We thought it was gonna be a long, long time, but finally the Elton John biopic Rocketman is here!
Starring Taron Egerton as the man himself, and featuring Jamie Bell, Richard Madden, and Bryce Dallas Howard, Rocketman charts Elton's rise to fame and his notoriously hedonistic heyday, through the magic of song. Elton's songs, to be exact.
Unlike Freddie Mercury biopic Bohemian Rhapsody, the singing will be done by the leading man, rather than the legend himself, and Taron's Elton voice is pretty spot on – it's like he's always sung them.
But what about the other occasions another voice has dared to cover an Elton song? We look at a selection – some charted, some just deserve your attention.
Ellie Goulding – Your Song
Arguably Elton's most famous song – well, apart from another song we'll be discussing in a moment – Your Song has been covered many times. Elton's original peaked at 7 when first released in 1971, becoming the first of his 31 UK Top 10s, and upon reissue in 2002 managed Number 4. Ellie's gentle cover from 2010, however, outpeaked it, reaching Number 2. This was a big breakthrough for Ellie, featuring in the John Lewis Christmas ad for 2010 and, even more impressively, Ellie sang it at the reception of Prince William and Kate Middleton, while the couple did their first dance.
Kate Bush – Rocket Man
Legends support legends and Kate Bush was bowled over when asked if she'd like to record an Elton song for a new covers album that was coming out in 1991 to celebrate the relationship between Elton and his longtime lyric collaborator Bernie Taupin. Being a big fan, she said yes, and chose her favourite tune of his, Rocket Man (it's two words in the song title, one in the movie title), giving it a very different feel. Kate's reggaed-up version was a hit with critics and charts, peaking at 12. Elton's version had peaked at 2 in 1974, beaten to the top by T Rex's Metal Guru.
Oleta Adams – Don't Let the Sun Go Down on Me
As part of the same album campaign, Oleta Adams, who found fame with her ballad masterclass and early satnav prototype Get Here, was the perfect choice to cover this emotive classic. Elton's original reached Number 16 back in 1974, and Oleta's 1991 cover peaked at 33. However, the sun had not yet set on this one, because just a couple of months later…
George Michael – Don't Let the Sun Down on Me
OK, so this is, strictly speaking, a cover of that same Elton John song except… well, if you're George Michael, and you perform this song at your concerts and you just happen to have Elton in the building… you're going to ask him onstage, aren't you? And that's what happened. Only a star as big as Elton could barge into a cover version of one of his own songs. It was a winning formula, with this love version going straight in at the top in December 1991 and staying there two weeks. As it turned out, Elton would get quite the taste for appearing on covers of his own tunes.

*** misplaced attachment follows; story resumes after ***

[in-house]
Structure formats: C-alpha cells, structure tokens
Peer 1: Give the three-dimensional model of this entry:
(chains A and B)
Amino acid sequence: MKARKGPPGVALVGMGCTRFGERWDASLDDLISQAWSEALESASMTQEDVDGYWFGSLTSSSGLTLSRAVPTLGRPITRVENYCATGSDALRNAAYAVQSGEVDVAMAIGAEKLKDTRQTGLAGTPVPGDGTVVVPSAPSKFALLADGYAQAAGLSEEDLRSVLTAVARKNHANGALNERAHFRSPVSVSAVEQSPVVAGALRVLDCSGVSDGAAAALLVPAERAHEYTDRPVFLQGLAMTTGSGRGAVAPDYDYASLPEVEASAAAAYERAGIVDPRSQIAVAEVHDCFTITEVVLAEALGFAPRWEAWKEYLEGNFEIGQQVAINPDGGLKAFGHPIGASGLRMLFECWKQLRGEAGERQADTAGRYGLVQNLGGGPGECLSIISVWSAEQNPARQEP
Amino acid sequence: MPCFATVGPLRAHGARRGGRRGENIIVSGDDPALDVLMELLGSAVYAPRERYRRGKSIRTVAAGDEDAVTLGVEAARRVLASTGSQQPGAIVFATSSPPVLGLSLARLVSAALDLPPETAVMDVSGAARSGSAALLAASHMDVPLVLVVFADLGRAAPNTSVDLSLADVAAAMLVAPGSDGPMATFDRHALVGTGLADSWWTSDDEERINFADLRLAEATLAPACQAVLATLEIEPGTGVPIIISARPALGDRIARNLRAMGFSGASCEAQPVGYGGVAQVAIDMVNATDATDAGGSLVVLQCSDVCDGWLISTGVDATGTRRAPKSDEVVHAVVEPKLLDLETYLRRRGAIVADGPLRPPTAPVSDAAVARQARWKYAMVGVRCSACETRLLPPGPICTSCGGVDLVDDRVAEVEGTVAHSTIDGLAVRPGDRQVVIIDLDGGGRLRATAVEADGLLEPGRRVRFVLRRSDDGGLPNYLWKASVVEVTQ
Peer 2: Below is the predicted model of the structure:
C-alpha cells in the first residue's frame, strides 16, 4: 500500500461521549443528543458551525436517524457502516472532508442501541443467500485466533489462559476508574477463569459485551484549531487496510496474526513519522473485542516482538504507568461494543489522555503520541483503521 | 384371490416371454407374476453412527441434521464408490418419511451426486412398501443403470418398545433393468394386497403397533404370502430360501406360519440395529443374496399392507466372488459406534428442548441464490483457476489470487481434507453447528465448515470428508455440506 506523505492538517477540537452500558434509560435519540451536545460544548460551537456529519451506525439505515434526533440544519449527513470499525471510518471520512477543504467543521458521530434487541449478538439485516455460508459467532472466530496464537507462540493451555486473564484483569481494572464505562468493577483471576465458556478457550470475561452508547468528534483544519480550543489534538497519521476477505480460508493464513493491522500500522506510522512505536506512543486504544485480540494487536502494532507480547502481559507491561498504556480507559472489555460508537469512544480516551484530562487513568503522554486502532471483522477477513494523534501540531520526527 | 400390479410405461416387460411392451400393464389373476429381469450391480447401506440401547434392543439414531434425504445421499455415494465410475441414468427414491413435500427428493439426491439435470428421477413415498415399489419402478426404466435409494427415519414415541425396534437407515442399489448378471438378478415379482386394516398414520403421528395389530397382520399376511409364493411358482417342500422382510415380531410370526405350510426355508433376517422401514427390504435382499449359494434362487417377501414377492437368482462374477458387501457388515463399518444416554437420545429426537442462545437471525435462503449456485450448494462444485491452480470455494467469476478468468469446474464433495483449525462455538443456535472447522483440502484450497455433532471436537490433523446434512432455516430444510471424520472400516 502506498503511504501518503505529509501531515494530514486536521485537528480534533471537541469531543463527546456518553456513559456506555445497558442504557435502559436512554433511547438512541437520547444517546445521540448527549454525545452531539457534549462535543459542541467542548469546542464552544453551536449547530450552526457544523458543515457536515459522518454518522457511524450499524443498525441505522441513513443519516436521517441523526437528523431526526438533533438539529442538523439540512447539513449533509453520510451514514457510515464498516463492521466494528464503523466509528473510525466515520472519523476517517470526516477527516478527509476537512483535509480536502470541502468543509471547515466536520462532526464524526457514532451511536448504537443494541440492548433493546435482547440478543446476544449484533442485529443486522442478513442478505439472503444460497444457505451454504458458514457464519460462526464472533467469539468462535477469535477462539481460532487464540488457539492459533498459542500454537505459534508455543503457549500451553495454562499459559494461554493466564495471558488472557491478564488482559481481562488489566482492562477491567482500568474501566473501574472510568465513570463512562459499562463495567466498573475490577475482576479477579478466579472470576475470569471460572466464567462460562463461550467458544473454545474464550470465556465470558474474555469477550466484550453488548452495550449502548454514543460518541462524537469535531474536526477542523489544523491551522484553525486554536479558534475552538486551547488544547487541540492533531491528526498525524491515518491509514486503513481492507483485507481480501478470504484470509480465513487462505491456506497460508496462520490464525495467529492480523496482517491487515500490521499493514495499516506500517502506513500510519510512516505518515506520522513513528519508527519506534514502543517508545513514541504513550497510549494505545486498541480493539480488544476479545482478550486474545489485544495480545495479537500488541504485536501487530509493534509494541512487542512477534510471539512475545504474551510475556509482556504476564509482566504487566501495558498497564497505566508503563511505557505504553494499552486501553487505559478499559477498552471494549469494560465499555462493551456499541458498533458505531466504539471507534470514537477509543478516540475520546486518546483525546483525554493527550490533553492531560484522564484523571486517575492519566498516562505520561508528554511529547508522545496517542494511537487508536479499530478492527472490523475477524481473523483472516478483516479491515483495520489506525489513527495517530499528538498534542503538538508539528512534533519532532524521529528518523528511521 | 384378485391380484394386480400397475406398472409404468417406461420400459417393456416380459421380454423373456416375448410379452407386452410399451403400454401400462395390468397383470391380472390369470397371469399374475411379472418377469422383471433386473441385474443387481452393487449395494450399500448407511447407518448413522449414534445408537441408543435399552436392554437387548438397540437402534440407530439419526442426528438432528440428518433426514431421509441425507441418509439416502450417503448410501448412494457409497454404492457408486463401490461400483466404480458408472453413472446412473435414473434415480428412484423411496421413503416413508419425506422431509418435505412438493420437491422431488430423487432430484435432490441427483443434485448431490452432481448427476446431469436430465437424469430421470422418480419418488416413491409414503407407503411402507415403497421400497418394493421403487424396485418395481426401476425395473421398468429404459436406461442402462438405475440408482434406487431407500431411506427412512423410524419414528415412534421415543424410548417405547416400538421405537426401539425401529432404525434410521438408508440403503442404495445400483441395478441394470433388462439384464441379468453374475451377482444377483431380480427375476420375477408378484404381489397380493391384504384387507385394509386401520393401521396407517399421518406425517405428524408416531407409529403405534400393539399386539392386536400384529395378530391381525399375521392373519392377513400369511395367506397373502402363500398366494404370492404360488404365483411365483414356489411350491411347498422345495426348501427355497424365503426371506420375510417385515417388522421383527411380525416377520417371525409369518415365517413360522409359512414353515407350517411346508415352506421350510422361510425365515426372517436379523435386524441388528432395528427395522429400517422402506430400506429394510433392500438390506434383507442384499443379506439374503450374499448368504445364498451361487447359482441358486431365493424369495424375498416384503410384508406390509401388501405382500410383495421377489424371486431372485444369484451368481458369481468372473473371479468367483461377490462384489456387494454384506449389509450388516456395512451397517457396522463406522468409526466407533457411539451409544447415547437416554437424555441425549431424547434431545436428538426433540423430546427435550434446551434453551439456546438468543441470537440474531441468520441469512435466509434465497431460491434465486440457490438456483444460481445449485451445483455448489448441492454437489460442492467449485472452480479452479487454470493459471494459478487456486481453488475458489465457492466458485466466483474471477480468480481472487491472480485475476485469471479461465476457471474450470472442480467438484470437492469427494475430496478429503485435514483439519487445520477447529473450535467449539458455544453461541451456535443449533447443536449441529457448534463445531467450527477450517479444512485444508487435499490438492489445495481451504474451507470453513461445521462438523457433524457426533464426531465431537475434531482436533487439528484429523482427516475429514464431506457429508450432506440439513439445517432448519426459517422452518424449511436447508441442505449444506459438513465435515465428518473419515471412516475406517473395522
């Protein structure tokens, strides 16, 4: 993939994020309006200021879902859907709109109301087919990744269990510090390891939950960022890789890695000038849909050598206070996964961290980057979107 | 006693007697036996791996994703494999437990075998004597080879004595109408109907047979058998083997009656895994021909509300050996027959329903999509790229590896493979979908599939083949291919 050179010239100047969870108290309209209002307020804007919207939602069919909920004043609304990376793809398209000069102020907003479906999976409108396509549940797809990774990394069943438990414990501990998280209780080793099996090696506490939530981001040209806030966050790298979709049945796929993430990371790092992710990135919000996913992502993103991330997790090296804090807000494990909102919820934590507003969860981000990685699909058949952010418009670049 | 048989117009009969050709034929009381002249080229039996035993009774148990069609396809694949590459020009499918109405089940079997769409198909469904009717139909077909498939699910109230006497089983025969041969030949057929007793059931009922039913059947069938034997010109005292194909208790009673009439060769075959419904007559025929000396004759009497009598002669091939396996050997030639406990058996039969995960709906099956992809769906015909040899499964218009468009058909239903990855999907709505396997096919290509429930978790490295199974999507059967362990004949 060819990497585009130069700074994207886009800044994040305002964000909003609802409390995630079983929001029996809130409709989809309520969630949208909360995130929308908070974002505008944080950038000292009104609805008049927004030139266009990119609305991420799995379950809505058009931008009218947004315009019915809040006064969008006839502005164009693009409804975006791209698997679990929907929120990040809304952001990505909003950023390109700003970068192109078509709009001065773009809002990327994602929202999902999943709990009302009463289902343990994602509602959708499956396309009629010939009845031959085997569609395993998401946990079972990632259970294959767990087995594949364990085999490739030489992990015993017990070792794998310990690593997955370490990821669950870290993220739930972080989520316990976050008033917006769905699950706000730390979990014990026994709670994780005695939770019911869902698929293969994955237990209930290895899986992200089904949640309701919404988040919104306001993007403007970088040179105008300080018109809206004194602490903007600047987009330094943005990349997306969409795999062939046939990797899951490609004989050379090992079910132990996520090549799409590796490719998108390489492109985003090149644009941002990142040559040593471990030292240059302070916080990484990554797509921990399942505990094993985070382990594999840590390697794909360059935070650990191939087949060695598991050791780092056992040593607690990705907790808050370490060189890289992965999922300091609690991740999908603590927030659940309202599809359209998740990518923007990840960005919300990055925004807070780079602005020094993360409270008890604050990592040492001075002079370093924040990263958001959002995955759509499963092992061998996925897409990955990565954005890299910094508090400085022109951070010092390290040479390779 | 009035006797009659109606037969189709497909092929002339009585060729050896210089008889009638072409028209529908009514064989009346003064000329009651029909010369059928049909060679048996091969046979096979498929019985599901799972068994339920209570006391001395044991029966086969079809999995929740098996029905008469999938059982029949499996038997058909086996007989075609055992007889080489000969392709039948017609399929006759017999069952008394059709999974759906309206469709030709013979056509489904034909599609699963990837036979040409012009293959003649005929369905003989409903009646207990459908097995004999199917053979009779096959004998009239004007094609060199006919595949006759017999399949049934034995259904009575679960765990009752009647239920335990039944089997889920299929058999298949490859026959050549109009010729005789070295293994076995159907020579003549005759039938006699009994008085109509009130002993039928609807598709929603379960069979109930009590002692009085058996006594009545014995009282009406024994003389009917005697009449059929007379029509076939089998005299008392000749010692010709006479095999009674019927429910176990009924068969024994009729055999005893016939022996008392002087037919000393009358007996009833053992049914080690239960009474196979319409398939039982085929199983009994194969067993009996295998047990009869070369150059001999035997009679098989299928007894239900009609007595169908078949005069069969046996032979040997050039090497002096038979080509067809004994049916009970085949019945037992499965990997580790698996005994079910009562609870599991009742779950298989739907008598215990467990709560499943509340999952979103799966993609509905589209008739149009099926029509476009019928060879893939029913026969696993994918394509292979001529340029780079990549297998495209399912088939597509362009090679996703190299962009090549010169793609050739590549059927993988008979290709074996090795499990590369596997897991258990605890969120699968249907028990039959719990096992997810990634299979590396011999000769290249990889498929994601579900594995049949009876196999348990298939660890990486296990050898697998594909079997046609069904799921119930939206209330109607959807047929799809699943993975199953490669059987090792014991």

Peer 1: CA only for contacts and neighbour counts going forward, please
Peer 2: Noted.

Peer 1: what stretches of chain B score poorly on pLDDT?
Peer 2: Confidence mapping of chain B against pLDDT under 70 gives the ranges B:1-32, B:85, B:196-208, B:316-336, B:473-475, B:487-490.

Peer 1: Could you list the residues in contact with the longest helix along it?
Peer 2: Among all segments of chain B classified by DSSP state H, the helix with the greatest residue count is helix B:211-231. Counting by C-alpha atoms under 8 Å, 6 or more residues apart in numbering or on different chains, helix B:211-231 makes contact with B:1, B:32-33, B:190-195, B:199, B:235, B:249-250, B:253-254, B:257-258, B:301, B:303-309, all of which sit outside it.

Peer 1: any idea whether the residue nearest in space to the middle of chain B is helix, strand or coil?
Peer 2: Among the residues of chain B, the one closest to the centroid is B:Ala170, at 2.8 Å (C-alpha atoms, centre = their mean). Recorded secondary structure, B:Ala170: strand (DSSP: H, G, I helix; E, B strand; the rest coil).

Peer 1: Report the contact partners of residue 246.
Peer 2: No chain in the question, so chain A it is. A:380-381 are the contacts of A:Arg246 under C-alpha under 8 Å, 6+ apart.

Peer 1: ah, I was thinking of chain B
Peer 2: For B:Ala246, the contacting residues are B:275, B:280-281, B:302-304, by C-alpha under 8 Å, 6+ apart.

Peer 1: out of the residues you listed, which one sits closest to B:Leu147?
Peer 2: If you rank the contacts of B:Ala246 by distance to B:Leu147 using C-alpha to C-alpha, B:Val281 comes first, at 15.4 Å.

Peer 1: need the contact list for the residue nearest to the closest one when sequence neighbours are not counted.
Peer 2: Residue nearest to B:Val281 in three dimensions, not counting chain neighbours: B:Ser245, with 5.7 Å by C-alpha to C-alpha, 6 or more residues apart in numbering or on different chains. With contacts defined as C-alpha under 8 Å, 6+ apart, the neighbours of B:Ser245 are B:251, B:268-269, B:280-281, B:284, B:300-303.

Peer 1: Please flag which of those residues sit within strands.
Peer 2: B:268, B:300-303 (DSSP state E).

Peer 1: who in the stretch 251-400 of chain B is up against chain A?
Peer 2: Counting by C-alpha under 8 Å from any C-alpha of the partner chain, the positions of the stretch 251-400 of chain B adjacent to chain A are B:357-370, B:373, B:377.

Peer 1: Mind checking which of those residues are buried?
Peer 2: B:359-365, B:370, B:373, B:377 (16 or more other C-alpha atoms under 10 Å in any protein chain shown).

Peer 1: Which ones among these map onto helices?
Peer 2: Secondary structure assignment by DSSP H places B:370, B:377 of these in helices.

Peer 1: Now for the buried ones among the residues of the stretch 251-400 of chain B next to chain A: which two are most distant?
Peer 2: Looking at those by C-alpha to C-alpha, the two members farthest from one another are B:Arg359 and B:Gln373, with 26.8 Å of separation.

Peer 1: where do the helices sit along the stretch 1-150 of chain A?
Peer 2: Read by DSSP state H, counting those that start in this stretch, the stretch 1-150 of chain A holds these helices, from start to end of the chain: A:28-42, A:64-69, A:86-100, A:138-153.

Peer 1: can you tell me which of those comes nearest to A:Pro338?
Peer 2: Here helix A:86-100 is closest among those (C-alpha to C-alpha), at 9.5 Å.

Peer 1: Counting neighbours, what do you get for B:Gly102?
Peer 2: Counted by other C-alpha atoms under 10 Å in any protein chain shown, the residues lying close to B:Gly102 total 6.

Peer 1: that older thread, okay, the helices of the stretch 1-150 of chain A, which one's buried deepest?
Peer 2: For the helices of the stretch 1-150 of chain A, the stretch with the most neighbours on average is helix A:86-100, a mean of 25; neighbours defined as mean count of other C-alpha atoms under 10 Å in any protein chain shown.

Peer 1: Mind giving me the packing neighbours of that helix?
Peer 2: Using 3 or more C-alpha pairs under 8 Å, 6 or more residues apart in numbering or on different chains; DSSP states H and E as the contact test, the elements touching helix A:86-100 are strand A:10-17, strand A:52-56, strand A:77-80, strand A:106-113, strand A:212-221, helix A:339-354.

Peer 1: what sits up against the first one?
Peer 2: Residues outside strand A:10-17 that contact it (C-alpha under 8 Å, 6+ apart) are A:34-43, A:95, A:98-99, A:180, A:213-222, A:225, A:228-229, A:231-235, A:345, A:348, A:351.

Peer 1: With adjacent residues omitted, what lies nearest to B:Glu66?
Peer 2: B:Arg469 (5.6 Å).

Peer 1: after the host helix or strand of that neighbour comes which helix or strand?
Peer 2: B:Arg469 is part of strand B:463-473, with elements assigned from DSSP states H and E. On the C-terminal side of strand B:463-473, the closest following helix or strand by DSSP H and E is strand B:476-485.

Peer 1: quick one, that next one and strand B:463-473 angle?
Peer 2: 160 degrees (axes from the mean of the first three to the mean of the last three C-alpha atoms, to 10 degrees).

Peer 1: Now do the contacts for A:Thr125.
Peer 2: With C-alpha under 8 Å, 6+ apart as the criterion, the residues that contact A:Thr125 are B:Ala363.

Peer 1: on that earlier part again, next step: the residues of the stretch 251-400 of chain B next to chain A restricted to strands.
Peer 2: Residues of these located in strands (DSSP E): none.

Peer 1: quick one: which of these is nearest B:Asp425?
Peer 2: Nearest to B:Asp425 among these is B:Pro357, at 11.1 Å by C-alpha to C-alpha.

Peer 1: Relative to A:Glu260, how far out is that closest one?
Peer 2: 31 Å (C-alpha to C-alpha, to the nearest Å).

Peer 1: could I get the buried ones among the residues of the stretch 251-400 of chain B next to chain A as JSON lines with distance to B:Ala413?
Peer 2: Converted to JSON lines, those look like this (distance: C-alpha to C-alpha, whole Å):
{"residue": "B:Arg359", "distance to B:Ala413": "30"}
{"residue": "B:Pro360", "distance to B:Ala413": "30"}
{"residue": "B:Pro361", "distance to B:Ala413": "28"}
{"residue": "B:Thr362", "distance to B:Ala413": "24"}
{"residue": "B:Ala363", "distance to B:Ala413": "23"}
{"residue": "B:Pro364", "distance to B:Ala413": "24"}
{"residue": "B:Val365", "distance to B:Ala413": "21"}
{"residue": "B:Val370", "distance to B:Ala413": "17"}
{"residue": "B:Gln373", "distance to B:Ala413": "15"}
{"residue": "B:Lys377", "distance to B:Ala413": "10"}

Blue – Sorry Seems to be the Hardest Word
Blue scored their third and final Number 1 with their take on this Elton classic – which stalled just outside the Top 10 for the man himself in 1976. And, yes, Elton joined in this one too! Why not, eh?
Ironik/Chipmunk/Elton – Tiny Dancer
Strictly speaking, this is a sample, but it's a fairly heavy one and, yes, Elton himself gets a credit. While Tiny Dancer has been covered countless times by various artists, this is the only one to chart. Chipmunk and Ironik's re-imagining hit Number 3 in 2009, while Elton's version was never a single, but did manage to chart at 70 in 2015.
Sam Smith/Wilson Phillips – Daniel
Nope, Sam didn't team up with '80s girlband Wilson Phillips to cover this early 1973 Number 4 hit for Elton, but they have both produced their own stellar versions. Sam's featured on the 2018 Revamp album, which featured artists covering Elton songs, and Wilson Phillips' was on the famed 1991 tribute album Two Rooms.
Q Tip & Demi Lovato – Don't Go Breaking My Heart
This cover of Elton's first Number 1 and first million-selling single also features on Revamp. Elton teamed up with Kiki Dee for his version, spending six weeks at the top during the scorching summer of 1976. Q-Tip and Demi do what everyone should do with a cover version, and take it to totally new places. Otherwise, well, it's kind of just like karaoke.
Ed Sheeran – Candle in the Wind
Candle in the Wind started out as a tribute to Marilyn Monroe in 1974 and was successful enough in its own right, but soon gained legendary status when adapted for the funeral of Diana, Princess of Wales in 1997, and becoming the biggest selling single ever in the UK. Because of this association, the song was almost untouchable, but Ed Sheeran was undaunted and gave his own take on the Revamp album in 2018.
Elton John vs Pnau – Sad
Not strictly a cover, more like a medley/remix hybrid, this collaboration between Elton and Aussie electronic duo Pnau took in five different songs, including Sorry Seems to be the Hardest Word. Charting at 48 in 2012, there was a whole album of such wonders, called Good Morning to the Night, which peaked at Number 1.
If you are thinking of covering an Elton John song at any point, it's worth bearing in mind he will very likely show up to steal the second verse, so either lock the doors, or make sure your house is up to scratch for a visit from our favourite knight.
What's your fave Elton cover? Let us know in the comments.